Dereplication by Automated Ribotyping of a Competitive Exclusion Culture Bacterial Isolate Library
Abstract:Concerns over the development of antibiotic-resistant bacteria within the food animal industry have intensified the search for natural approaches to the prevention and treatment of bacterial diseases. Competitive exclusion cultures are the foundation of a disease-management strategy based on the use of benign bacterial strains to prevent the establishment of pathogenic bacteria within a specific host. Differentiation of phenotypically ambiguous isolates is a critical step in establishing a manageable library of bacteria for use in the development of defined competitive exclusion cultures. We used automated ribotyping techniques to dereplicate a large collection of phenotypically ambiguous isolates from a continuous-flow competitive exclusion culture. A total of 157 isolates were screened following an Eco RI restriction enzyme digestion. The 157 isolates were resolved into 23 ribogroups, which represents an 85% reduction in the number of isolates in the bacterial isolate library. Seventy-six percent of the isolates fit into one of five ribogroups. This work demonstrated that automated ribotyping is an effective and efficient tool for dereplication of diverse bacterial isolate libraries.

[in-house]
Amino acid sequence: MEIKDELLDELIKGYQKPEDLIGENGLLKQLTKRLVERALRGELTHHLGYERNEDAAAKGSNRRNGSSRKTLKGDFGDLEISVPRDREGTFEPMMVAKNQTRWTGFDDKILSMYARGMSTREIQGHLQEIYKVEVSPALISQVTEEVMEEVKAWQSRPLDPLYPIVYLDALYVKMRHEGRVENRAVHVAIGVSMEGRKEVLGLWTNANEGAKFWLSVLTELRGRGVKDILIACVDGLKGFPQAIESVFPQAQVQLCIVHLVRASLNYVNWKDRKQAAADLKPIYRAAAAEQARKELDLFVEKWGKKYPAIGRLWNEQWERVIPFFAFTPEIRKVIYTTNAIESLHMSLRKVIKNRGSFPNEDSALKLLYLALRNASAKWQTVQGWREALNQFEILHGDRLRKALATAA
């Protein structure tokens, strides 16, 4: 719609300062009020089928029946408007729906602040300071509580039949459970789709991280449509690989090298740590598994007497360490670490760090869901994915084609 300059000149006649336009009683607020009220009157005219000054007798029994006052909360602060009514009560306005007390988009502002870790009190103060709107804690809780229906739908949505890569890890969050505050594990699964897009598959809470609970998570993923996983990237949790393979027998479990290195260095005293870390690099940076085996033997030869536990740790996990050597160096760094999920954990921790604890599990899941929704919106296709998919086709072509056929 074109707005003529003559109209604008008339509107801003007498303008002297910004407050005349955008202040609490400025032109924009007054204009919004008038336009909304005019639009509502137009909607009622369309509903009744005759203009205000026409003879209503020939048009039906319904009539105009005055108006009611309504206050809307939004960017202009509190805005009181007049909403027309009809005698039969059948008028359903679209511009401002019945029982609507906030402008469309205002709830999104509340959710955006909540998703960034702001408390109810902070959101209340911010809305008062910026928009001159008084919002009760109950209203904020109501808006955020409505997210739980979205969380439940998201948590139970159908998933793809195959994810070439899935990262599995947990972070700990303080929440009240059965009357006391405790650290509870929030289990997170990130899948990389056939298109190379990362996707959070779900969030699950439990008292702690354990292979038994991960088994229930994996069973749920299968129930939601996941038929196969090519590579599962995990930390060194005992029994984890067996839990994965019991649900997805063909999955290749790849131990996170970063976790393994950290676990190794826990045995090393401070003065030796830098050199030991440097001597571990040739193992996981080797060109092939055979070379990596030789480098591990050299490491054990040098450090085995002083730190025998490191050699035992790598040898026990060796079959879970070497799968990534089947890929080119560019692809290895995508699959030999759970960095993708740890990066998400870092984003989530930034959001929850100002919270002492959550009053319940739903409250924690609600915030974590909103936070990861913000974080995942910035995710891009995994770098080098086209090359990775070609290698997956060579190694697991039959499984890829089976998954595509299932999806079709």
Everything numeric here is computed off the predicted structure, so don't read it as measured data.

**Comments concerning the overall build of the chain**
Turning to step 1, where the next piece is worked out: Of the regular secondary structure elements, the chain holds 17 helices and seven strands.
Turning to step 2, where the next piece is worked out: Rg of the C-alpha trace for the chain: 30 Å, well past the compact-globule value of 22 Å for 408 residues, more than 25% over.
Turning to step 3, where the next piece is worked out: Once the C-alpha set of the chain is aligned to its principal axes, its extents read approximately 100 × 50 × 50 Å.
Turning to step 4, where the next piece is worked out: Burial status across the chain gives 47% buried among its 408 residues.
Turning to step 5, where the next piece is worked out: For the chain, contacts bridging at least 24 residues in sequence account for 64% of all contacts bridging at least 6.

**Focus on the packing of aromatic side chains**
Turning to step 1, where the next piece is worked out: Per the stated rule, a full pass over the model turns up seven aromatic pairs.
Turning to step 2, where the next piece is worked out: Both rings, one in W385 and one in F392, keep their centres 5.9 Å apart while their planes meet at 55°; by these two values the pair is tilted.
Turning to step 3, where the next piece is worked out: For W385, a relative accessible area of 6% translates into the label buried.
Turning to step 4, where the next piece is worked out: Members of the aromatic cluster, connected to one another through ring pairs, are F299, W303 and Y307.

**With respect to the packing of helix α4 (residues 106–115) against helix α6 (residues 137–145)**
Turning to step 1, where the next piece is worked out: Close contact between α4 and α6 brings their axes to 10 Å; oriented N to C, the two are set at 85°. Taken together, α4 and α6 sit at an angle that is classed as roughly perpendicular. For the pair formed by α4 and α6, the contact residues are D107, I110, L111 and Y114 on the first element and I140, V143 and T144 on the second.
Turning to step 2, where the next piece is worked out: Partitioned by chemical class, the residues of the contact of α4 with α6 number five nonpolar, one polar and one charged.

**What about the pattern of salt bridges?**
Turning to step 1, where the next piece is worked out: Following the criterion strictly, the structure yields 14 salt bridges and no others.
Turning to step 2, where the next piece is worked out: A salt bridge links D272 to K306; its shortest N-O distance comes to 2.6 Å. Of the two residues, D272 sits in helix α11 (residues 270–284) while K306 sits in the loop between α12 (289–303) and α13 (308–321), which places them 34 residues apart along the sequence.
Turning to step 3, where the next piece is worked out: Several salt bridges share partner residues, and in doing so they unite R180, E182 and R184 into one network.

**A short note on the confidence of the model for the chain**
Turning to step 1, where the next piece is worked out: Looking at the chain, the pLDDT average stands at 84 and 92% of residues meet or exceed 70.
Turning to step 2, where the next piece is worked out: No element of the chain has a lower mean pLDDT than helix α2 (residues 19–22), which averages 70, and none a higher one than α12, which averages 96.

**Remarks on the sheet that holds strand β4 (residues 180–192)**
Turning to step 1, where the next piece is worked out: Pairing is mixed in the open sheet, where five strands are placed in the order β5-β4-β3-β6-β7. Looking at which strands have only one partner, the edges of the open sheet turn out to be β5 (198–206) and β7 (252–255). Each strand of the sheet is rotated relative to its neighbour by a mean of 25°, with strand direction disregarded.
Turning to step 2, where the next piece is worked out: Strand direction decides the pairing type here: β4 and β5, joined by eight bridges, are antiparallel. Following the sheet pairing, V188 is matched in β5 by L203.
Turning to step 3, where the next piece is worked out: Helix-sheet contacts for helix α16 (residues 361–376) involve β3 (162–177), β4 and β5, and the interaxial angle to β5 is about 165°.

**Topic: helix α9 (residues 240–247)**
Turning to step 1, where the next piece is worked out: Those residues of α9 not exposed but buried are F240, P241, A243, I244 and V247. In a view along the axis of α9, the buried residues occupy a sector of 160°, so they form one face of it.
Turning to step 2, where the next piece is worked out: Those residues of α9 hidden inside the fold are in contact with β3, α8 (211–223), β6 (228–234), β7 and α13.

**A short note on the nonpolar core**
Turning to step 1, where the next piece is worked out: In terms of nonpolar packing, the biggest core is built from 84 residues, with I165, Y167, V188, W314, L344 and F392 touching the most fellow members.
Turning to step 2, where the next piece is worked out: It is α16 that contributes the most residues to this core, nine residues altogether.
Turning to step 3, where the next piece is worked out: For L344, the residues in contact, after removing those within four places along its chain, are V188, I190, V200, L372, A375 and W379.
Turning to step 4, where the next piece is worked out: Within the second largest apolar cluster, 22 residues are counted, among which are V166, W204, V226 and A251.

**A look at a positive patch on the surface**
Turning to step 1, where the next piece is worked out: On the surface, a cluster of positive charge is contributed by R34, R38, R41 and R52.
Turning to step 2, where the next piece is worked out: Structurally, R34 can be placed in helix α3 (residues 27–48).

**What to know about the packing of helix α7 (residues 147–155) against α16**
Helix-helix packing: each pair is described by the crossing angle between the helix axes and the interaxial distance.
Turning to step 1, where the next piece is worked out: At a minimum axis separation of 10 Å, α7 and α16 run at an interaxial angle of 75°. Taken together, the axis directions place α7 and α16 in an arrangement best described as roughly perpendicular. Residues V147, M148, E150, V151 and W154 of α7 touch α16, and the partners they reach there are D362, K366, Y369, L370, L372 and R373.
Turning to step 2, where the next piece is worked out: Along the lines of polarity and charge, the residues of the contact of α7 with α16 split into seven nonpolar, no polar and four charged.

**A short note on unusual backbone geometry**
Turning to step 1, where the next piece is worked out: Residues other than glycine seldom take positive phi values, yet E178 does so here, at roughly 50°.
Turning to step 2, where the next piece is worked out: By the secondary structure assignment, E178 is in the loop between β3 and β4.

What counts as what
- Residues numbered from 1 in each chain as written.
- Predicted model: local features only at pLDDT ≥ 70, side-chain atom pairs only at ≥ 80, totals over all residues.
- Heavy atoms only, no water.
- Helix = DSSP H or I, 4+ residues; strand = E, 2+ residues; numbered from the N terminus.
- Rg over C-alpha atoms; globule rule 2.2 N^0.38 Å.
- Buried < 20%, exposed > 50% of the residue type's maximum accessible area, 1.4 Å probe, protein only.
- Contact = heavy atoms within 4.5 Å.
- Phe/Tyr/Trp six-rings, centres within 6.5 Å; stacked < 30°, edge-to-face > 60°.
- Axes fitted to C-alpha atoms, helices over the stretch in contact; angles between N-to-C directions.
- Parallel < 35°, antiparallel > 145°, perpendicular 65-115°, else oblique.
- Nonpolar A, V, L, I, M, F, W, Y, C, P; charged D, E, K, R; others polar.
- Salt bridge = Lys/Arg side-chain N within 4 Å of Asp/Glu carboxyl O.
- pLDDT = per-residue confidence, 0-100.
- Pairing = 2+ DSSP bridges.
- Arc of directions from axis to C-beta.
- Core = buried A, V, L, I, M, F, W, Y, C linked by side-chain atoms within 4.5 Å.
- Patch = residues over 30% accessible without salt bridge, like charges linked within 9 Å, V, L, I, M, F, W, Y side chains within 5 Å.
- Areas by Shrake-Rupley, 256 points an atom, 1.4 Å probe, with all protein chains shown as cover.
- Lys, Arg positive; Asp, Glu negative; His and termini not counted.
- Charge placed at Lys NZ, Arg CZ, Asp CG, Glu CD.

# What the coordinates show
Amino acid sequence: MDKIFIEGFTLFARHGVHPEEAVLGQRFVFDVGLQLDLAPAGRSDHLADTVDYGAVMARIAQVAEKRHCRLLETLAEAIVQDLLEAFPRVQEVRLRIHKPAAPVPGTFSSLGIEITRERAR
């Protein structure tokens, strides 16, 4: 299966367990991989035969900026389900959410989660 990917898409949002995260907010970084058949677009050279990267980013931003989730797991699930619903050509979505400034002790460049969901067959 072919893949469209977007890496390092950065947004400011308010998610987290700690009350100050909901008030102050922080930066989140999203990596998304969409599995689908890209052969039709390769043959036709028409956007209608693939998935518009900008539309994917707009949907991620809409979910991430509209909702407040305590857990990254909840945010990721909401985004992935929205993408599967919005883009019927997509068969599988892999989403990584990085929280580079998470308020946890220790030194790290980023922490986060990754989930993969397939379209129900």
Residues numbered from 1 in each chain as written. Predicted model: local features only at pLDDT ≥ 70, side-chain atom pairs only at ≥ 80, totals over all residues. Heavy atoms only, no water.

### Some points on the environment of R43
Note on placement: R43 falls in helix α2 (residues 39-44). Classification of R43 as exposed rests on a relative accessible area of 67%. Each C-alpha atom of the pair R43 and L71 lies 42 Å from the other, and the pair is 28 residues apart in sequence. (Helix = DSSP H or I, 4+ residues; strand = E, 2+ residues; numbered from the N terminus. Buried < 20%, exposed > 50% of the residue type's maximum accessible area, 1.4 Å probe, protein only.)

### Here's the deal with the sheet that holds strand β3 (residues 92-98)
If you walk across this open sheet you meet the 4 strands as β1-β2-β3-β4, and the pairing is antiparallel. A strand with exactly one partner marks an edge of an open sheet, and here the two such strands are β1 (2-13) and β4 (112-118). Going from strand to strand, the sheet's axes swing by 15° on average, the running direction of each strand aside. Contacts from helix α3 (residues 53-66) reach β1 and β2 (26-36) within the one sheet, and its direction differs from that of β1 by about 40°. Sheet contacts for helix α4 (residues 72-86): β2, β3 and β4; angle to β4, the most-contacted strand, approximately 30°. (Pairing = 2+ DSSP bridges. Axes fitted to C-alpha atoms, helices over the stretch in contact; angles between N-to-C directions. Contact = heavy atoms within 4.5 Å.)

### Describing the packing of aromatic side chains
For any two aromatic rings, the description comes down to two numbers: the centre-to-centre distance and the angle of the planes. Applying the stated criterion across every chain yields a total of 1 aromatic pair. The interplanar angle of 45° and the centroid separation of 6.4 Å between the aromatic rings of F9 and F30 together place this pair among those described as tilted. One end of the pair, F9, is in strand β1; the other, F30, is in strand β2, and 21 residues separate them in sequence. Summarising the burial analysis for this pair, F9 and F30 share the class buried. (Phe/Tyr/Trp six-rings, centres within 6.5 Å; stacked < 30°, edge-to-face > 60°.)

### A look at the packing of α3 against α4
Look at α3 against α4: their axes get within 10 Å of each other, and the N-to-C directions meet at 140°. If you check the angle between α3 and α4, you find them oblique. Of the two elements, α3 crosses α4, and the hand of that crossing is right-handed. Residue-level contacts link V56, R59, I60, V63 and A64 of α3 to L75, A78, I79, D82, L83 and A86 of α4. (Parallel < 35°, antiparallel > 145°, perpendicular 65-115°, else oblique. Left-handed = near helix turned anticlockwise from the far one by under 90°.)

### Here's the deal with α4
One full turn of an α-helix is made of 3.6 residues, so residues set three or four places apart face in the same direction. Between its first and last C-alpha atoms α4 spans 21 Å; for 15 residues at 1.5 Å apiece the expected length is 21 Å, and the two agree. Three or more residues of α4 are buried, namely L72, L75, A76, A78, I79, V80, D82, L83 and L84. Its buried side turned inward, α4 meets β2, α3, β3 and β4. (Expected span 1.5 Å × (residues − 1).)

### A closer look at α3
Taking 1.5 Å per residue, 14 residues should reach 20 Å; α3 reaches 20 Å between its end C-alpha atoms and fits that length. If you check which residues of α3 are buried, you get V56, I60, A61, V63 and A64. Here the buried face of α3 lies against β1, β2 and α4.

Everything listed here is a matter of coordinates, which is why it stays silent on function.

Document Type: Short Communication
Affiliations: U.S. Department of Agriculture, Agricultural Research Service, Southern Plains Agricultural Research Center, Food and Feed Safety Research Unit, 2881 F&B Road, College Station, Texas 77845, USA
Publication date: January 1, 2006
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